« PreviousContinue »
N° 77. Thursday, October 6, 1709.
From my own Apartment, Odeber 5.
AS bad as the world is, I find by very strict observation upon virtue and vice, that if men appeared no worse than they really are, I should have less work than at present I am obliged to undertake for their reformation. They have generally taken up a kind of inverted ambition, and affect even faults and imperfections of which they are innocent. The other day in a coffeehouse I stood by a young heir, with a fresh, sanguine, and healthy look, who entertained us with an account of his claps and his diet-drink; though, to my know-, ledge, he is as found as any of his tenants.
This worthy youth put me into reflections upon that subject; and I observed the fantastical humour to be so general, that there is hardly a man who is not more or less tainted with itk The first of this order of men are the Valetudinarians, who are riever in health; but complain of want of stomach or rest every day until noon, and then devour all which comes before them. Lady Dainty is convinced, that it is necessary for a Gentlewoman to, be out of order; and to preserve that character, she dines every day in her closet at twelve, that me may become her table at two, and be unable to eat in public. About, five years ago, I remember it was the fashion to be>slinrtfighted. A man would not own an acquaintance until he had first examined him with his glass. At a Lady's, entrance into the play-house, you might see tubes immediately levelled at her from every quarter of the pit arid side-boxes. However, that mode of infirmity is out, and the age has recovered its fight: But the blind seem to be succeeded by the lame, and ifc janty limp is the present beauty. I think I have formerly observed, a cane is part of the dress of a prig, and always worn upon H 4 a button,
a Dutton, for fear he should be thought to have an occasion for it, or be esteemed really, and not genteely a cripple. I have considered, but could never find out the bottom of his vanity. I indeed have heard of a Gascon General, who by the lucky grazing of a bullet on the roll of his stocking, took occasion to halt all his life after. But as for our peaceable cripples,' I know no foundation for their behaviour, without it may be supposed that in this warlike age, some think a cane the next honour to a wooden leg. This sort of affectation I have known run from one limb or member to another. Before theLimpers came in, I remember a race of Lifpers, fine persons, who took an aversion to particular letters in our language: Some never uttered the letter H; and others had as mortal an aversion to S. Others have had their fashionable defect in their ears, and would make you repeat all you said twice over. I know an ancient friend of mine, whose table is every day surrounded with flatterers, that makes use of this", sometimes as a piece of grandeur, and at others as an art, to make them repeat their commendations. Such affectations have been indeed in the world in ancient times; but they fell into them out of politic ends. Alexander the Great had a •wry neck, which made it the fashion in his court to carry their heads on one side when they came into the presence. One who thought to outshine the whole court, carried his head so over complaisantly, that this martial Prince <rave him so-great a box on the ear, as set all the head* of the court upright.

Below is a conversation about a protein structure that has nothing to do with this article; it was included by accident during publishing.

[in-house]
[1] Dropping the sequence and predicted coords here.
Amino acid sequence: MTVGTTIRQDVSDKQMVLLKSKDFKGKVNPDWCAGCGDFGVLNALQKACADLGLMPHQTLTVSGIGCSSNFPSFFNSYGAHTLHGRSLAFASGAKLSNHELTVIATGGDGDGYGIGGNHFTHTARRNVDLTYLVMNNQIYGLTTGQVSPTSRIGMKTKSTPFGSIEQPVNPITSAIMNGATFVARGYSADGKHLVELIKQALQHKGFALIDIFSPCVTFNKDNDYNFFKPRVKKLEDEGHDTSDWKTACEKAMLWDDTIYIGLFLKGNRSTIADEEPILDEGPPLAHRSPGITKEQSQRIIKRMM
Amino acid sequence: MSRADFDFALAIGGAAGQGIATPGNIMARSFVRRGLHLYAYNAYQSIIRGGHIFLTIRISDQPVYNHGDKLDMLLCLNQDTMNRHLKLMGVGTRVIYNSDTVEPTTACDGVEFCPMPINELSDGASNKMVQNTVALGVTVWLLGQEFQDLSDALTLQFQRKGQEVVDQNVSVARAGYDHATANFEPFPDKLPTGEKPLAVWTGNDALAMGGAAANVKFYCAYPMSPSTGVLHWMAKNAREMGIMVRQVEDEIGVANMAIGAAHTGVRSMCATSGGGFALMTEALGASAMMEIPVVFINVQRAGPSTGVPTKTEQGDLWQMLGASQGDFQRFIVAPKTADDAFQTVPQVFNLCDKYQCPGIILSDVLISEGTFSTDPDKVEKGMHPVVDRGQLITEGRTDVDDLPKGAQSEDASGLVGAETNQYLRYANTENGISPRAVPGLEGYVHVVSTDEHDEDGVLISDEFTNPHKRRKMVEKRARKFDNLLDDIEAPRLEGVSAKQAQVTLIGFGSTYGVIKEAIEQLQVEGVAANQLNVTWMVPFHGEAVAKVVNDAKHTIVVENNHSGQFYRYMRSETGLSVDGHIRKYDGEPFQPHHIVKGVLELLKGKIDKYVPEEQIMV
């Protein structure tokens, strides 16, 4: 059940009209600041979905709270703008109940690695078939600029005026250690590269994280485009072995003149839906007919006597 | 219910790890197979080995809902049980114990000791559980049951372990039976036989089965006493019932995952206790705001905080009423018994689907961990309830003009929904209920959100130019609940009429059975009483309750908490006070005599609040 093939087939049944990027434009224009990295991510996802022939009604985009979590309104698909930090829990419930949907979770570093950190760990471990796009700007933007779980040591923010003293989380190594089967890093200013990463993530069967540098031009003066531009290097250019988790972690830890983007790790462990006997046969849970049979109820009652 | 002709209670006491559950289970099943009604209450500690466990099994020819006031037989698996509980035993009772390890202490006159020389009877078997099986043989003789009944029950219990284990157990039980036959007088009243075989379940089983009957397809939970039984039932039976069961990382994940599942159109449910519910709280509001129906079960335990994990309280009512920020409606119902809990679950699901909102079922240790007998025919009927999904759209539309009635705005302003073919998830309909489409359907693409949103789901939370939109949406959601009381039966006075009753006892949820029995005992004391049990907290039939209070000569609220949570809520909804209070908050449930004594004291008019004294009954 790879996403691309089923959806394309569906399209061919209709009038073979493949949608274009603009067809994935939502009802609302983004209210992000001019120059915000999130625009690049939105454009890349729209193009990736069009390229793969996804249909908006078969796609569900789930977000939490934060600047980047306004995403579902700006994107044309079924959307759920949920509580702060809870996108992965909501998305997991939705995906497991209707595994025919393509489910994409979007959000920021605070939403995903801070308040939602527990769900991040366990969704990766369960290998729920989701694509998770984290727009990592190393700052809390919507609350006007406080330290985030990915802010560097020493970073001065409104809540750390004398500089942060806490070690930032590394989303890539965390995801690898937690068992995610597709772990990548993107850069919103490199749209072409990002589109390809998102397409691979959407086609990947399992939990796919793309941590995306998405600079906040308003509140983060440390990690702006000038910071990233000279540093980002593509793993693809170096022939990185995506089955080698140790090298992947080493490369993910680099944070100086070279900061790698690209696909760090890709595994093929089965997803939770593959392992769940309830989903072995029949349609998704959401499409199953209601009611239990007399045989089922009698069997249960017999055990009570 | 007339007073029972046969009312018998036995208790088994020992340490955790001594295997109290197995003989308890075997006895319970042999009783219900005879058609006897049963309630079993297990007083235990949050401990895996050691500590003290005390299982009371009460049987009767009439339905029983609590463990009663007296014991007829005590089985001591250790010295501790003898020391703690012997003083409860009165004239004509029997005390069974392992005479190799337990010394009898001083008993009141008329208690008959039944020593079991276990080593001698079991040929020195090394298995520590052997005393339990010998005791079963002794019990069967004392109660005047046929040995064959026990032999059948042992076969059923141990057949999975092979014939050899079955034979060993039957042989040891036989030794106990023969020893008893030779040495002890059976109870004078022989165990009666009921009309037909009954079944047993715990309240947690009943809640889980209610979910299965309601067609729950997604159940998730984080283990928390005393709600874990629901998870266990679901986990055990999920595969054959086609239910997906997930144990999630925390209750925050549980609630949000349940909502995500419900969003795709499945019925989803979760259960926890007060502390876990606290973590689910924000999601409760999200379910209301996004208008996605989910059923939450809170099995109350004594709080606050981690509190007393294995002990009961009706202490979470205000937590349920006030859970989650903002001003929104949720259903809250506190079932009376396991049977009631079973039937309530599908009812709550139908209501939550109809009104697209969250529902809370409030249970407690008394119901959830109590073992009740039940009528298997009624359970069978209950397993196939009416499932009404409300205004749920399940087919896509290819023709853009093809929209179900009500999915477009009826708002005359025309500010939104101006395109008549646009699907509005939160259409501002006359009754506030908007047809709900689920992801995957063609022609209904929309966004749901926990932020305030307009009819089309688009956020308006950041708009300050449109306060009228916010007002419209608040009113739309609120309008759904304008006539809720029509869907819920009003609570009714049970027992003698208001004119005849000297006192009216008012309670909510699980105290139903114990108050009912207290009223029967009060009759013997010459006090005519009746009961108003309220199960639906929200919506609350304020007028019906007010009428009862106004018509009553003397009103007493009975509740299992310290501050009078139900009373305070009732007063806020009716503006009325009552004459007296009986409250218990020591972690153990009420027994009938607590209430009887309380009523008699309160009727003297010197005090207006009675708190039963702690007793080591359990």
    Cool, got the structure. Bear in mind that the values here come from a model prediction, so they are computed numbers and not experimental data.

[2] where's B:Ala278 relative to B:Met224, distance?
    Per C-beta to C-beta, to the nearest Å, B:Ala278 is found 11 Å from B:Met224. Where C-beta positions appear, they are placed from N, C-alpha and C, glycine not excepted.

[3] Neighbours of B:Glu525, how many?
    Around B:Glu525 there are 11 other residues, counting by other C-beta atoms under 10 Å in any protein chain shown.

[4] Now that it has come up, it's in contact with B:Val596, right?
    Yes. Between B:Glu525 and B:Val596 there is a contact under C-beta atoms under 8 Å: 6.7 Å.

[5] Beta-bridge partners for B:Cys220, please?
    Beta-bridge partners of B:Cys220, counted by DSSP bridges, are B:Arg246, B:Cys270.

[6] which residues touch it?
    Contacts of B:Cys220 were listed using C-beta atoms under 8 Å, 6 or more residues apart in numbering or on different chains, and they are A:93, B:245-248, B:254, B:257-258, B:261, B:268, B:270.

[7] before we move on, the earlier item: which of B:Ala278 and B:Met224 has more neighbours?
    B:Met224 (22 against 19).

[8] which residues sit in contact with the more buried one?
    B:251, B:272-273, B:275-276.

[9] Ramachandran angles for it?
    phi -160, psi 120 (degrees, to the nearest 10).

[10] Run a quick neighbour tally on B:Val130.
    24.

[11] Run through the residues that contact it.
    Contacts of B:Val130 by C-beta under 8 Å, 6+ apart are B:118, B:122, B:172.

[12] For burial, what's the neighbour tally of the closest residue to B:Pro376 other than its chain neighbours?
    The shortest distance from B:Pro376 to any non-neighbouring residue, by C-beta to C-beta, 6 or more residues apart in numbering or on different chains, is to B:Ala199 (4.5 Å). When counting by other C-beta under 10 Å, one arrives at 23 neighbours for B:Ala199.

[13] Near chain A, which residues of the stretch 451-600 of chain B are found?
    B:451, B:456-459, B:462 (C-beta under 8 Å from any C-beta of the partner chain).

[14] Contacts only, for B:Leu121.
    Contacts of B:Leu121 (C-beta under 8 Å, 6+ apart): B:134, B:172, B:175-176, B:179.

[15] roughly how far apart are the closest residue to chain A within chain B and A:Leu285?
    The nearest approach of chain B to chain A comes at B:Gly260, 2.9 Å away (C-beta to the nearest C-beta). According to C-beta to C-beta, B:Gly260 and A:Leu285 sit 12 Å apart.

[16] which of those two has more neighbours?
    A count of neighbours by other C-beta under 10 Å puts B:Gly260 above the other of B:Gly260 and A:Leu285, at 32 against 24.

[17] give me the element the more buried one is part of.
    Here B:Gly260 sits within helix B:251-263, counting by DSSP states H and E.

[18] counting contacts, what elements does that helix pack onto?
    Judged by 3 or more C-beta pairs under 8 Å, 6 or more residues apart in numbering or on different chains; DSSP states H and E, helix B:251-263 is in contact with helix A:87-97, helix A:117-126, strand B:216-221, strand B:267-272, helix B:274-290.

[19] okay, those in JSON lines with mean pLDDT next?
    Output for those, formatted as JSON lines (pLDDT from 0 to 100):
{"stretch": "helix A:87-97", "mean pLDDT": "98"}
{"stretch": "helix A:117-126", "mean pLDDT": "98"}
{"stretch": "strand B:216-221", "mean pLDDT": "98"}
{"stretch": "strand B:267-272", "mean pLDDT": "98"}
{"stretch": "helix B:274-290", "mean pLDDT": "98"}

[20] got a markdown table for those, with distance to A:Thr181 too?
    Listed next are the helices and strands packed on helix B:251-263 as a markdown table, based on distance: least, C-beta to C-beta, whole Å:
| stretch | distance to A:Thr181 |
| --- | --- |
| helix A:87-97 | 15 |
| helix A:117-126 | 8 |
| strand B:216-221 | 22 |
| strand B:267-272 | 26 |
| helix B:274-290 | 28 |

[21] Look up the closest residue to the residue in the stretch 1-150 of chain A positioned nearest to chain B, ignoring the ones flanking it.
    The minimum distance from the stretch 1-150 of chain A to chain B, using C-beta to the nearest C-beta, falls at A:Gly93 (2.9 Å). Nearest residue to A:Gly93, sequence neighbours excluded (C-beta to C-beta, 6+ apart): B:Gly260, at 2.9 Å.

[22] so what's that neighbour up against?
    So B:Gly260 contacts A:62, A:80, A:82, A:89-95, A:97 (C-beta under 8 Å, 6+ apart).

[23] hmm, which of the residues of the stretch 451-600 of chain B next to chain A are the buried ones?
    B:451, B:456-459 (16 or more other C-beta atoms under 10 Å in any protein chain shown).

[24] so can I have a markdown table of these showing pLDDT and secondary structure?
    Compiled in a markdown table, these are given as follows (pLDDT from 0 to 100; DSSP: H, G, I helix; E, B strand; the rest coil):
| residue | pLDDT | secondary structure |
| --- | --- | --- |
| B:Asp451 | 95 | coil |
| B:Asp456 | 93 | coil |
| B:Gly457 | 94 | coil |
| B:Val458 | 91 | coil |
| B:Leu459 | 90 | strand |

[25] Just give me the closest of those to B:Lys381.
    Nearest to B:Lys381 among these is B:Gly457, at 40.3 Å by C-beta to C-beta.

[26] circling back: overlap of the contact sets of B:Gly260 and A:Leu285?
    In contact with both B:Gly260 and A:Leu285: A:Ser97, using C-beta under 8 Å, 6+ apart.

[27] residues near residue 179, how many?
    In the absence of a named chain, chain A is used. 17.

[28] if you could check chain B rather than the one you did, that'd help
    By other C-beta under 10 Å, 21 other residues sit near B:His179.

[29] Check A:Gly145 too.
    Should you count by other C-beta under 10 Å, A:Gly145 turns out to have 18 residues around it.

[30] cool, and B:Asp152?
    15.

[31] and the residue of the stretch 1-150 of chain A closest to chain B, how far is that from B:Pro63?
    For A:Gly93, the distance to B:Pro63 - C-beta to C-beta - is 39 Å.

1 his humour takes place in our minds as well as bodies. I know at this time a young Gentleman, who talks atheistically all day in coffee-houses, and in his degrees of understanding sets up for a Free-thinker; though it can be proved upon him, he fays bis prayers every morning and evening. But this class of modern Wits J shall reserve for a chapter by itself.
Of the like turn are all your Marriage-haters, who rail at the noose, at the words, " for ever and aye," and at the fame time are secretly pining for some young Thing or other that makes their hearts ake by her refusal. The next to these, are such as pretend to govern their wives, and boast how ill they use them; when at the same time, go to their houses, and you (hall fee them step as if they feared making a noise, and are as fond as an Alderman. I do not know, but sometimes these pretences may arise from a desire to conceal a contrary defect than that they set up for. I remember,-when I was a young fellow, we had a companion of a very fearful complexion, who, when we fat in to drink, would desire us to take his sword from him when he grew saddled, for it was his misfortune to be quarrelsome.